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Home » A Primer on Databases and Catalogs » Proximity Operators

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Proximity Operators

Defining the proximity of your seach words

(noun) The quality or state of being proximate: Closeness.
Merriam-Webster's Collegiate Dictionary

Proximity operators allow you to locate one word within a certain distance of another. The symbols generally used in this type of search are w and n.

The w represents the word "with(in)" and the n represents the word "near." This type of search is not available in all databases.

Near Operator (Nx) — finds words within x number of words from each other, regardless of the order in which they occur.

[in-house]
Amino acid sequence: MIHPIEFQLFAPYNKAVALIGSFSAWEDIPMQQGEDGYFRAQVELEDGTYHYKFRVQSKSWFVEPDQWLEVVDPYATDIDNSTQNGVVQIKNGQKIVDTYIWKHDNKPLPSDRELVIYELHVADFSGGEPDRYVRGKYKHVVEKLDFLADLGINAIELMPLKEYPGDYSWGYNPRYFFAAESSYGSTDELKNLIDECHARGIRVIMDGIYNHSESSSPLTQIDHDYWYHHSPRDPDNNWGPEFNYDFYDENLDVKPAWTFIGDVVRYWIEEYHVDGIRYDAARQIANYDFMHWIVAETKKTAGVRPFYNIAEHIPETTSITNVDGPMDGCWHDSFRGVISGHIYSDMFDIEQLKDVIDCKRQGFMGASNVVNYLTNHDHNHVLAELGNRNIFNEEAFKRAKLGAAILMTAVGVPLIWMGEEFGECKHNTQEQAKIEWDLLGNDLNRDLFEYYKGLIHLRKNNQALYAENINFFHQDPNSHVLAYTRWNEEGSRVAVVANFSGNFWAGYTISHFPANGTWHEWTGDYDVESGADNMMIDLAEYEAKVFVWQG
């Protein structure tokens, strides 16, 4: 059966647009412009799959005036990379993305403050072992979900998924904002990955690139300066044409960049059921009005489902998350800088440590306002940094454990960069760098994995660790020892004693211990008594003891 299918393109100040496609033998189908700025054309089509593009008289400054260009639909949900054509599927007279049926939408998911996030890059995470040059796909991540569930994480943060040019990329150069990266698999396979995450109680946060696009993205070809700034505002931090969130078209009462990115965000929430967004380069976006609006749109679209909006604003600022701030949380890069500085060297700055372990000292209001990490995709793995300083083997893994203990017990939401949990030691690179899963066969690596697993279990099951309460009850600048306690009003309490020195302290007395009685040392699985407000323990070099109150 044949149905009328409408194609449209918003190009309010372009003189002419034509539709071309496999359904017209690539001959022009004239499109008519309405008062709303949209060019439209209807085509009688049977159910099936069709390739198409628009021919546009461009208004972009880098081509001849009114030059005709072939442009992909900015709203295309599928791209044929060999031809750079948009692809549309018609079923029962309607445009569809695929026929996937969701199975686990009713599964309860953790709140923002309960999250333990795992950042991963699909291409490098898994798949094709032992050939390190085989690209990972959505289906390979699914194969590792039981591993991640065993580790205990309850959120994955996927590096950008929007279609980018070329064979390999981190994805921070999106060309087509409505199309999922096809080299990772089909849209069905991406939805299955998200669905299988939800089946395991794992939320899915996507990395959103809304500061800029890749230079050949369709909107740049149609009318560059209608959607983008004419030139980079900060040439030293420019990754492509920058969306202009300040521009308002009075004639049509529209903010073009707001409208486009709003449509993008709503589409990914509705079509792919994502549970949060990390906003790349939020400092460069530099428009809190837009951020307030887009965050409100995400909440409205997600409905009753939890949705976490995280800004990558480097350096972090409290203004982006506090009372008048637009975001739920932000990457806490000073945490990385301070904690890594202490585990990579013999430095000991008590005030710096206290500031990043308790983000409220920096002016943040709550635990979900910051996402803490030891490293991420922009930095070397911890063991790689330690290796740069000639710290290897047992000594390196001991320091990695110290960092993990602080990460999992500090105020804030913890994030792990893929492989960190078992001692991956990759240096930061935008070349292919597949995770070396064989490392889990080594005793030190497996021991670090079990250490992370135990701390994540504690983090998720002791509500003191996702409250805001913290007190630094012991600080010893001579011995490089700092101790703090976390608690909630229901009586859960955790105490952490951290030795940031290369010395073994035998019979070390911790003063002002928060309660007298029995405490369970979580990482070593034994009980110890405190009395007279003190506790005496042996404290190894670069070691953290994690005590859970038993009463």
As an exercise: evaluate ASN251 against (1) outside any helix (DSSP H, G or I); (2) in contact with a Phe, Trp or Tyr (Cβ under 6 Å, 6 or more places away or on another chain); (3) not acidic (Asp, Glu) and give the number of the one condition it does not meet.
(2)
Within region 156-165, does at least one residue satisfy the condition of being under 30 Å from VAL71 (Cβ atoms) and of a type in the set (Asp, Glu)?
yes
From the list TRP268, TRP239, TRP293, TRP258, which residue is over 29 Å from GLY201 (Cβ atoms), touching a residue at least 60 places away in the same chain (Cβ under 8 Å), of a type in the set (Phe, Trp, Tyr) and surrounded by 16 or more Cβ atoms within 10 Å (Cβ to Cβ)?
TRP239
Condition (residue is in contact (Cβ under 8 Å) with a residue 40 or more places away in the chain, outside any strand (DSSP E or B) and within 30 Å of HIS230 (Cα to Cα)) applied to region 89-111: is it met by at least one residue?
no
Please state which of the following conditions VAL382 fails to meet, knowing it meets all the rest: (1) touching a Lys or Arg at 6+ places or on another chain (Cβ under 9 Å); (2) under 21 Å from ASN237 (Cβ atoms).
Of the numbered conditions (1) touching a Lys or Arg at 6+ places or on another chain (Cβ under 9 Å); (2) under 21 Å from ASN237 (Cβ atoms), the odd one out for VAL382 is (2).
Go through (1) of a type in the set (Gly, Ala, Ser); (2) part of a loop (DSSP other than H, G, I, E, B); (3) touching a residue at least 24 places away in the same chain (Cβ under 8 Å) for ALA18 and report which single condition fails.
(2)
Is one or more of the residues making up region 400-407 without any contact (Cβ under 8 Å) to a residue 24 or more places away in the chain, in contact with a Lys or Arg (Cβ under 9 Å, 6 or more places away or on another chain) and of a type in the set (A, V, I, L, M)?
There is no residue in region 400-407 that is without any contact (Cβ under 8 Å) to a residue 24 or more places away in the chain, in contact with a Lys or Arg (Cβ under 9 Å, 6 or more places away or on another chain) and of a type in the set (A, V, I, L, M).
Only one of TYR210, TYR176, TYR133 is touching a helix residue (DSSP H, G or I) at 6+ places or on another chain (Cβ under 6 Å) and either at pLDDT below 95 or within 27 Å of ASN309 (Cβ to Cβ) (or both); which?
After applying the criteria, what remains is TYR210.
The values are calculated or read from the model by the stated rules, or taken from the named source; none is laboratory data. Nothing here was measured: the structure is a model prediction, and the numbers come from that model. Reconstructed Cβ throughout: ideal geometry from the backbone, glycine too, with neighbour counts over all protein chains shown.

Example: television n2 violence would find "television violence" or "violence on television," but not "television may be the culprit in recent high school violence."

Within Operator (Wx) — finds words within x number of words from each other, in the order they are entered in the search.

Example: Franklin w2 Roosevelt would find Franklin Roosevelt or Franklin Delano Roosevelt or Franklin D. Roosevelt, but would not find Roosevelt Franklin.

Phrase search — enclosing a phrase in quotation marks will help ensure that the database searches for those words as a group. The database then searches for those word together in the specific order you provided.

Check the database help screens to see if proximity searching is available and if so, what format to use when entering a proximity search.

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